“Why, Cecil Mayford!” said Sam, “How do you do? Charley, how are you? Just in time for lunch. Come in.”
Jim was walking round and round Cecil without speaking a word. At last the latter said, “How do YOU do, James Brentwood?”
“How do your breeches do, Cecil?” answered Jim; “that is a much more important question, By-the-bye, let me introduce you to Mr. Halbert. Also, allow me to have the honour to inform you that my sister Alice is come home from school.”
“I am aware of that, and am come over to pay my respects. Sam, leave me alone. If I were to disarrange my dress before I was presented to Miss Brentwood, I would put a period to my existence. Jim, my dear soul, come in and present me. Don’t all you fellows come mobbing in, you know.”
So Jim took Cecil in, and the other young fellows lounged about the door in the sun. “Where have you come from, Charley?” asked Sam.
“I have been staying at the Mayfords’; and this morning, hearing that you and your father were here, we thought we would come over and stay a bit.”
“By-the-bye,” said Sam, “Ellen Mayford was to have come home from Sydney the same time as Alice Brentwood, or thereabouts. Pray, is she come?”
“Oh, yes!” said Charles; “she is come this fortnight, or more.”
“What sort of a girl has she grown to be?”
“Well, I call her an uncommonly pretty girl. A very nice girl indeed, I should say. Have you heard the news from the north?”
“Bushrangers! Nine or ten devils, loose on the upper Macquarrie, caught the publican at Marryong alone in the bush; he had been an overlooker, or some such thing, in old times, so they stripped him, tied him up, gave him four dozen, and left him to the tender mercies of the blowflies, in consequence of which he was found dead next day, with the cords at his wrists cutting down to the bone with the struggles he made in his agony.”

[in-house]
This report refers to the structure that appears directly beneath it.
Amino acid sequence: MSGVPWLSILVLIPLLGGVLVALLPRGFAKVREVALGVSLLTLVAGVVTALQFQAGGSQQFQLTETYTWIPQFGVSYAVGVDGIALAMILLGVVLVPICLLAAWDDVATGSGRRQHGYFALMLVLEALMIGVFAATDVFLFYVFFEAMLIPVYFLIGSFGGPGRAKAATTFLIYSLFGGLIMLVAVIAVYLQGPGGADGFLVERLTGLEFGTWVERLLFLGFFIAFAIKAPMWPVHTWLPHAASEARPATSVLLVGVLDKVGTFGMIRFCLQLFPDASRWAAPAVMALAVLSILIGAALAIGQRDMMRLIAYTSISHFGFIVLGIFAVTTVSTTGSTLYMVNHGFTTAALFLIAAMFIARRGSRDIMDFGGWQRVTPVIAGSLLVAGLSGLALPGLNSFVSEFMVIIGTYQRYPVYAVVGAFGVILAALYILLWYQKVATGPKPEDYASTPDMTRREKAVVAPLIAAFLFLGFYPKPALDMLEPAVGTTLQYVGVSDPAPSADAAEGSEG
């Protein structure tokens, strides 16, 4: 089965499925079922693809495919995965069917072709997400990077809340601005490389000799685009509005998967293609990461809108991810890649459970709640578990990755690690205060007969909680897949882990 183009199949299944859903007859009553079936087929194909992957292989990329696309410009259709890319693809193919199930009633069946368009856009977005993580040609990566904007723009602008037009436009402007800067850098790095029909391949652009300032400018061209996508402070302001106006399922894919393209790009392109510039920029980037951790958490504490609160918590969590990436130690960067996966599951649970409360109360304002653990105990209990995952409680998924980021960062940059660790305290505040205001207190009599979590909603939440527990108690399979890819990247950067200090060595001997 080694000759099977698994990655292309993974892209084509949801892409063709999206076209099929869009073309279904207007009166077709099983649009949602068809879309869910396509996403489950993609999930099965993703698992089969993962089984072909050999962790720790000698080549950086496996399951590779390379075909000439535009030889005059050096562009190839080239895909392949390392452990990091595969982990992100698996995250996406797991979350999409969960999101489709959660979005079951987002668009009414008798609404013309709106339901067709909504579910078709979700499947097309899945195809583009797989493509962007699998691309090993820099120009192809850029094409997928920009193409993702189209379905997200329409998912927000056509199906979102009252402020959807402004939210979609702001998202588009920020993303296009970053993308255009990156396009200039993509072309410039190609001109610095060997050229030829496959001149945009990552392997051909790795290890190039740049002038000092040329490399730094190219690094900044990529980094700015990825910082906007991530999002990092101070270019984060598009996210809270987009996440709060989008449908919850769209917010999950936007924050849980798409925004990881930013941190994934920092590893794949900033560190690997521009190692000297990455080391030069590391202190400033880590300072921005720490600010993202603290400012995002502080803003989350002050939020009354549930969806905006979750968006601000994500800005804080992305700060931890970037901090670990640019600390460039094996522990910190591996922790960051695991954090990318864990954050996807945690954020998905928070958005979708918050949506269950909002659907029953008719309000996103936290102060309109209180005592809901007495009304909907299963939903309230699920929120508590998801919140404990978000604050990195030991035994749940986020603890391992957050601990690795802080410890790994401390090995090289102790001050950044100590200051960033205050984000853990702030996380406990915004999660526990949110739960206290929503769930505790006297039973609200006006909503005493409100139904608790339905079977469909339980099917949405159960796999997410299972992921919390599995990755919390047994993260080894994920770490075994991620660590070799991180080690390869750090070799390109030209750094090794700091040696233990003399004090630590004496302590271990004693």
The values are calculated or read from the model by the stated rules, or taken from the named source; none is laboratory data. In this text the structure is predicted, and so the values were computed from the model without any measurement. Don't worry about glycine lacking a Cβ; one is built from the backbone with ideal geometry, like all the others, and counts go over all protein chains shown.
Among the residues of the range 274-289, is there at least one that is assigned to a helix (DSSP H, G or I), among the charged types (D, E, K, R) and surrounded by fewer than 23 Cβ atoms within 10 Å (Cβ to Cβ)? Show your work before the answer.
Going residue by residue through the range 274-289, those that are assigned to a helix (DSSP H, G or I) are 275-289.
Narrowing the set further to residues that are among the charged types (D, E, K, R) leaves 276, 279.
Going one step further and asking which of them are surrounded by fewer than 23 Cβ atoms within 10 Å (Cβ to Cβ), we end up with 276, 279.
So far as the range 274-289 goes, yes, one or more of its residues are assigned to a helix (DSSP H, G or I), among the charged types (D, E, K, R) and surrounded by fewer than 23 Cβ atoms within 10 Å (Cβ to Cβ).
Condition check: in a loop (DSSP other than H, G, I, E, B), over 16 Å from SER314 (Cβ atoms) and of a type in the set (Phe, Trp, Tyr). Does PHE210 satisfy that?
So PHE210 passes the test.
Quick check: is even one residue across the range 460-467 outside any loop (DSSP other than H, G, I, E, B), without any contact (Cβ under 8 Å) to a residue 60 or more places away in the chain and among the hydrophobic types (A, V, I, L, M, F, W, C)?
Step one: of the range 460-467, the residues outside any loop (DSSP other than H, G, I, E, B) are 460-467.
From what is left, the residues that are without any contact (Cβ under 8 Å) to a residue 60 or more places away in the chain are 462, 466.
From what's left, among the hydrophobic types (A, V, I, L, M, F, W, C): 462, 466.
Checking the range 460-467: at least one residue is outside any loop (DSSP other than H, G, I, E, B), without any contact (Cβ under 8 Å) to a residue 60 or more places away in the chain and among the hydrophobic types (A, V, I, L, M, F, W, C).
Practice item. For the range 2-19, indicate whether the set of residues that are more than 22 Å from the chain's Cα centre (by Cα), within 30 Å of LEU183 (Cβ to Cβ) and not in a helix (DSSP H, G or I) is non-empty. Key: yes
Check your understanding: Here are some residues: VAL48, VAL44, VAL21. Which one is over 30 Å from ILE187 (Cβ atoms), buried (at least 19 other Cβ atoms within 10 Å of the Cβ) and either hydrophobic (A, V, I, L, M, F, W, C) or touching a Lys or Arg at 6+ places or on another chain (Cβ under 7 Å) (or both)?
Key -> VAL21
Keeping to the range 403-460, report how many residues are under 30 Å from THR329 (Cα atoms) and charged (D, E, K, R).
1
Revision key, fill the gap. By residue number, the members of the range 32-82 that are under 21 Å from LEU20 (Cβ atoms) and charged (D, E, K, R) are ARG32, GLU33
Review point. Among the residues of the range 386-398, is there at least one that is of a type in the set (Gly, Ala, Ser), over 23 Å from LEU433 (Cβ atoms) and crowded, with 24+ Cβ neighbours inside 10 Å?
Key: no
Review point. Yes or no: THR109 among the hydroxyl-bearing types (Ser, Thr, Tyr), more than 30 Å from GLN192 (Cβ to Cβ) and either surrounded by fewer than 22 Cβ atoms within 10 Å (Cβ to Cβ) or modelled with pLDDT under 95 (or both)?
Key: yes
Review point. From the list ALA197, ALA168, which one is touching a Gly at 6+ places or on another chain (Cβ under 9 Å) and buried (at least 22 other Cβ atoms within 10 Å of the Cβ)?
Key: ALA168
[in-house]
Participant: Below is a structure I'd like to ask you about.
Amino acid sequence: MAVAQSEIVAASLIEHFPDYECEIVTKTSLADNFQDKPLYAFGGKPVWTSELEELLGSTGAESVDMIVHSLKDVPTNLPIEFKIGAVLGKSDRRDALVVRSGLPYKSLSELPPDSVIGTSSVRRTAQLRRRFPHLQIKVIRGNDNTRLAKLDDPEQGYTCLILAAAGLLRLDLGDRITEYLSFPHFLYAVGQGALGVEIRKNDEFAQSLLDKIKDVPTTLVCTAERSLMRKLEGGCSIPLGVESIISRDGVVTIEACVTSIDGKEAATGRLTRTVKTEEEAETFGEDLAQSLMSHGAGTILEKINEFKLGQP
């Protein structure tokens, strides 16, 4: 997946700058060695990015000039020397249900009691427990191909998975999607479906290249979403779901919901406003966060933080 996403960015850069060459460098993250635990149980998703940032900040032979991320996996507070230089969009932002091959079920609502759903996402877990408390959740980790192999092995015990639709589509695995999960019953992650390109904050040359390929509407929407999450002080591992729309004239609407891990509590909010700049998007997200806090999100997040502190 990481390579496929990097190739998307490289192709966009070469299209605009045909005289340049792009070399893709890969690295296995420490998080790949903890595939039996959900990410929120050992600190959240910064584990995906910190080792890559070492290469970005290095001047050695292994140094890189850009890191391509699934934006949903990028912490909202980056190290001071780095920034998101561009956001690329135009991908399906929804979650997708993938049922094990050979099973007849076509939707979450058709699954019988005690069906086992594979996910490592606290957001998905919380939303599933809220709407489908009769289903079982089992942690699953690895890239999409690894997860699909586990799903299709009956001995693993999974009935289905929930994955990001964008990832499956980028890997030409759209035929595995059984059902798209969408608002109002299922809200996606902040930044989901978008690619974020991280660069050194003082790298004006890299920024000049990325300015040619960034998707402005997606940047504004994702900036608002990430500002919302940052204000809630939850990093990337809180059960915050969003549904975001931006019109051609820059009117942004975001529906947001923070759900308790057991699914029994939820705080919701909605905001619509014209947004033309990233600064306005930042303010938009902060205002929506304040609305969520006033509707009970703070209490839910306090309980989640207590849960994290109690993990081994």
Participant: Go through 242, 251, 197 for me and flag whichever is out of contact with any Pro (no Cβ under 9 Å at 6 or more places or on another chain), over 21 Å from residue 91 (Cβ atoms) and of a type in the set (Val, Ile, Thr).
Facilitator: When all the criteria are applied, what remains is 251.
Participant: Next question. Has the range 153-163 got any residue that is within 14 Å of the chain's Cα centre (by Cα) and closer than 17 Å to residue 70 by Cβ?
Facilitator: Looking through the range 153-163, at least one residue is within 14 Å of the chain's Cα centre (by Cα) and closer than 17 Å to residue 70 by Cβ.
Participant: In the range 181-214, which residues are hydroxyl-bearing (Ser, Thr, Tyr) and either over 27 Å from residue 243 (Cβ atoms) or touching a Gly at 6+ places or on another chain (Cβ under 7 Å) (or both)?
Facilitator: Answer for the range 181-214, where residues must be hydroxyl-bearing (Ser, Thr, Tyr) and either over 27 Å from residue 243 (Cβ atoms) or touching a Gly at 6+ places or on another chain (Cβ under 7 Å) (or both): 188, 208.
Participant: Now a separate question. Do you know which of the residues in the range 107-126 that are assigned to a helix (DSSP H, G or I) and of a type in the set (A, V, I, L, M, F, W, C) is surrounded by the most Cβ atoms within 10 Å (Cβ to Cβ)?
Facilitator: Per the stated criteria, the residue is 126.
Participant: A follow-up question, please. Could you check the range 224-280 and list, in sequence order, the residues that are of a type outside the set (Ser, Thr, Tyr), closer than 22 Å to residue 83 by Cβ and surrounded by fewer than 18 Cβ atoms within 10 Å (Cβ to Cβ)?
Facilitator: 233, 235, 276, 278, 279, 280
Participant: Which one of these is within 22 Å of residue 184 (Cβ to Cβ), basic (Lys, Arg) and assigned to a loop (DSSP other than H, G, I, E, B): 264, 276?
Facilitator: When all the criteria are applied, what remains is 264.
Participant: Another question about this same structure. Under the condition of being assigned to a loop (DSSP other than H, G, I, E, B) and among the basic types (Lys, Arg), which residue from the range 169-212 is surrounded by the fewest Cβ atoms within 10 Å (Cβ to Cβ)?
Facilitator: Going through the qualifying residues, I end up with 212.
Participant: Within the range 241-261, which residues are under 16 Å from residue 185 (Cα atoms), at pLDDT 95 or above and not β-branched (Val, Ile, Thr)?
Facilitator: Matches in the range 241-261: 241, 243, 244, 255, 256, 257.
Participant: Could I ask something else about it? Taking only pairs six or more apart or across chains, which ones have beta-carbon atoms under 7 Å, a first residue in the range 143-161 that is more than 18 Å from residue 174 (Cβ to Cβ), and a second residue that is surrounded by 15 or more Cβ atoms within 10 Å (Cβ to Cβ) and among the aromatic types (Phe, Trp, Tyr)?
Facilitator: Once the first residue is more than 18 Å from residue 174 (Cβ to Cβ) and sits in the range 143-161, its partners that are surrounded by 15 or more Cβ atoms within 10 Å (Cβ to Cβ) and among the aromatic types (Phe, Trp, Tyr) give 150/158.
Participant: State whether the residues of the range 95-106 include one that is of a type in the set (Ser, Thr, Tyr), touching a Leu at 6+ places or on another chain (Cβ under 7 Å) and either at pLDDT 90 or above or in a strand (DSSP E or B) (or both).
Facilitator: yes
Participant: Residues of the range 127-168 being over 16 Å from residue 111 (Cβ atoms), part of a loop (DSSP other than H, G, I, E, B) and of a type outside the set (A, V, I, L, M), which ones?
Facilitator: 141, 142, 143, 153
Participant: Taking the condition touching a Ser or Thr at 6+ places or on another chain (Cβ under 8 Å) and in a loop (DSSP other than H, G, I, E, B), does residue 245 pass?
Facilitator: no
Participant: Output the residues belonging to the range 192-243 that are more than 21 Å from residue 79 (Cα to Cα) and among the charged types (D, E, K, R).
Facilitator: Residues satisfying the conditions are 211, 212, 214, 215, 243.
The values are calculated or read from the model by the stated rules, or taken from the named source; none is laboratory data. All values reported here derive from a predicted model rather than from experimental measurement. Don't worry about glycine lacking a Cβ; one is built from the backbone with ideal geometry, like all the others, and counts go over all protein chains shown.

“Whew!” said Sam. “We are going to have some of the old-fashioned work over again. Let us hope Desborough will get hold of them before they come this way.”
“Some of our fellow-countrymen,” said Halbert, “are, it seems to me, more detestably ferocious than savages, when they once get loose.”
“Much of a muchness — no better, and perhaps no worse,” said Sam. “All men who act entirely without any law in their actions arrive at much the same degree, whether white or black.”
“And will this Captain Desborough, whom you speak of, have much chance of catching these fellows?” asked Halbert.
“They will most likely disperse on his approach if he takes any force against them,” said Sam. “I heard him say, myself, that the best way was to tempt them to stay and show fight, by taking a small force against them, as our admirals used to do to the French, in the war. By-the-bye, how is Tom Troubridge? He is quite a stranger to me. I have only seen him twice since he was back from Port Phillip.”
“He is off again now, after some rams, up to the north.”
“I hope he won’t fall in with the bushrangers. Anybody with him?”
“William Lee,” answered Charles.
“A good escort. There is lunch going in — come along.”
Last updated Monday, December 22, 2014 at 10:52